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Student loan relief bill faces tough opposition on Capitol Hill

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For many students, paying tuition to attend UCLA or any college requires a loan that takes years to pay off. A bill before Congress could make it easier to clear away student loan debt.

Americans owe more on student loans than on cars or credit cards—more than $1 trillion dollars.

That statistic has been floating around for three years or more. Now an L.A. lawmaker has introduced the first House bill in the new Congress to address the student loan debt problem.

Congresswoman Karen Bass (D-Los Angeles) is sponsoring the Student Loan Fairness Act. The measure would permanently cap federal student loans at their current levels of 3.4 percent.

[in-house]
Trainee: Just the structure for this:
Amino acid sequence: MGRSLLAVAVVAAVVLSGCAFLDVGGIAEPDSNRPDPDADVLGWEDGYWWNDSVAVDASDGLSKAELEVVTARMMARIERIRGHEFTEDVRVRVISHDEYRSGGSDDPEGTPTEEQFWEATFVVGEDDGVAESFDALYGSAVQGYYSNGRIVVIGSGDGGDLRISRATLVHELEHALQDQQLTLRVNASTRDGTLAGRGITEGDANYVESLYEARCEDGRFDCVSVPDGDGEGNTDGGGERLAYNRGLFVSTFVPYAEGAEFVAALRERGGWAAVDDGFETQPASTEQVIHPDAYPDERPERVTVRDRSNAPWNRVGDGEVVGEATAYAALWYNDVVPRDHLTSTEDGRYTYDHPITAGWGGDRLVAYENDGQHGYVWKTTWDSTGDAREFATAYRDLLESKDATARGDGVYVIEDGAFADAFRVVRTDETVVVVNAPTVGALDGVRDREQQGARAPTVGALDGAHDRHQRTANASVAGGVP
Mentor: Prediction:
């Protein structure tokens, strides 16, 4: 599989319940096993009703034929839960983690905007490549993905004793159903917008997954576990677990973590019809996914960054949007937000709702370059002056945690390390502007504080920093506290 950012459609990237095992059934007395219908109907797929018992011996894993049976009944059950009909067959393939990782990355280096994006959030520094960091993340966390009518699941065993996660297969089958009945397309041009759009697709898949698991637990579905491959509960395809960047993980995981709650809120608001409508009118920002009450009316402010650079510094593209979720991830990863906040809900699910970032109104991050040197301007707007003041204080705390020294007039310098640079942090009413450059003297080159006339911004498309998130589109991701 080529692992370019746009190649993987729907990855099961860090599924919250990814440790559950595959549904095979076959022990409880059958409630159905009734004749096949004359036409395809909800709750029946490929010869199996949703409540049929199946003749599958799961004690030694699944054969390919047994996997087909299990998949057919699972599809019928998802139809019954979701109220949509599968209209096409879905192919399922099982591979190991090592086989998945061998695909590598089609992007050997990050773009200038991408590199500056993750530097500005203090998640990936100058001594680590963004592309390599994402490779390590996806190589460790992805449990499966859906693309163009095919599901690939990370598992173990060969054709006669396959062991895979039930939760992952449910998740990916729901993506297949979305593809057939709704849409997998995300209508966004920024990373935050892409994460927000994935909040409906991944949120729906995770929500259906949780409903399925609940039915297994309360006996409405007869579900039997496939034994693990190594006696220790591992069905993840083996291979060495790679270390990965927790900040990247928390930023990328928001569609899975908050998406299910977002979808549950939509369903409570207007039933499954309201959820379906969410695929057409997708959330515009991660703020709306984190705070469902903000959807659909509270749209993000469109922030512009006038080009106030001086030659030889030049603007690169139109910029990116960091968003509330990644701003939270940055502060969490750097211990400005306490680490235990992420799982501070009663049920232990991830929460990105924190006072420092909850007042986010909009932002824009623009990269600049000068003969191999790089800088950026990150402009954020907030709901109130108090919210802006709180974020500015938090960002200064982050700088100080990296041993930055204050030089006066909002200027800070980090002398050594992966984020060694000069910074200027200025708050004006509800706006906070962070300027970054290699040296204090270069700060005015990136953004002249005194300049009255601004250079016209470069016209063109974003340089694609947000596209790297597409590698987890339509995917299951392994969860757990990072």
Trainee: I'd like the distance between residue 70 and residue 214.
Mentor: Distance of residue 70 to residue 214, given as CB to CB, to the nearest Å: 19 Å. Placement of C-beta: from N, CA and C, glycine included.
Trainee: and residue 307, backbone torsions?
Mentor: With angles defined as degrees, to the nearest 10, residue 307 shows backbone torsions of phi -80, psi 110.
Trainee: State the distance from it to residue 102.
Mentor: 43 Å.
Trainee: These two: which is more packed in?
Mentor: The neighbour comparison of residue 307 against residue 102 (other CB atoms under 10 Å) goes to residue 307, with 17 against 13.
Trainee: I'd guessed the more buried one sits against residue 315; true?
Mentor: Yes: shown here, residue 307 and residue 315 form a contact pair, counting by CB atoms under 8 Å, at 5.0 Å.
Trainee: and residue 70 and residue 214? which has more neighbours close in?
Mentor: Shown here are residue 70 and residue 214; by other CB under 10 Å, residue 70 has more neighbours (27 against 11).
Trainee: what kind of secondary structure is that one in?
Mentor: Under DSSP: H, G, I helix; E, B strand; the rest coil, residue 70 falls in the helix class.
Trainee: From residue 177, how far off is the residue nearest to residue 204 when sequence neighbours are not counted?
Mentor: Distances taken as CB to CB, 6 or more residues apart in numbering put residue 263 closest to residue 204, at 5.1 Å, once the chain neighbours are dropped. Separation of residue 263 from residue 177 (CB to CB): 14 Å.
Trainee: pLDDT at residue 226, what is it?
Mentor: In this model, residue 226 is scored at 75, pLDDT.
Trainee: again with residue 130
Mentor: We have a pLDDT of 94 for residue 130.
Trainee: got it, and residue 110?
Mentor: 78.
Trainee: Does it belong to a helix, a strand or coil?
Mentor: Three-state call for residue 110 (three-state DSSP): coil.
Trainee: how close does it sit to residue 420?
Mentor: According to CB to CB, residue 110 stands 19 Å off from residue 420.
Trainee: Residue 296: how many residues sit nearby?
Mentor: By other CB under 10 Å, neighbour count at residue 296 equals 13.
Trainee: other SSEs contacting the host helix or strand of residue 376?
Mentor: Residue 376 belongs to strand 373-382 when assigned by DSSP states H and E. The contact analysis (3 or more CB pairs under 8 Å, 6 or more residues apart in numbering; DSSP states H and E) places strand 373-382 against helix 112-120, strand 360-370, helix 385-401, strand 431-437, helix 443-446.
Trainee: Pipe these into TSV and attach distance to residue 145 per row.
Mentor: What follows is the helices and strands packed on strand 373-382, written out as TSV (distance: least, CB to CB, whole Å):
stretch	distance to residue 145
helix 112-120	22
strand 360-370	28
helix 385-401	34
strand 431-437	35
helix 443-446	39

Repayment would be spread over 10 years at a rate of 10 percent of discretionary income. After that, the slate is wiped clean, with the federal government picking up the tab for the remainder of the loan amount.

Bass calls her student loan debt relief bill "the most appropriate expense we can make as a nation."

Bass says the Congressional Budget Office hasn’t yet come up with the exact cost of the program, but that cost is likely to scare off GOP support. So she's enlisting students to put pressure on her House colleagues, inviting the public to become “citizen co-sponsors” of the measure.

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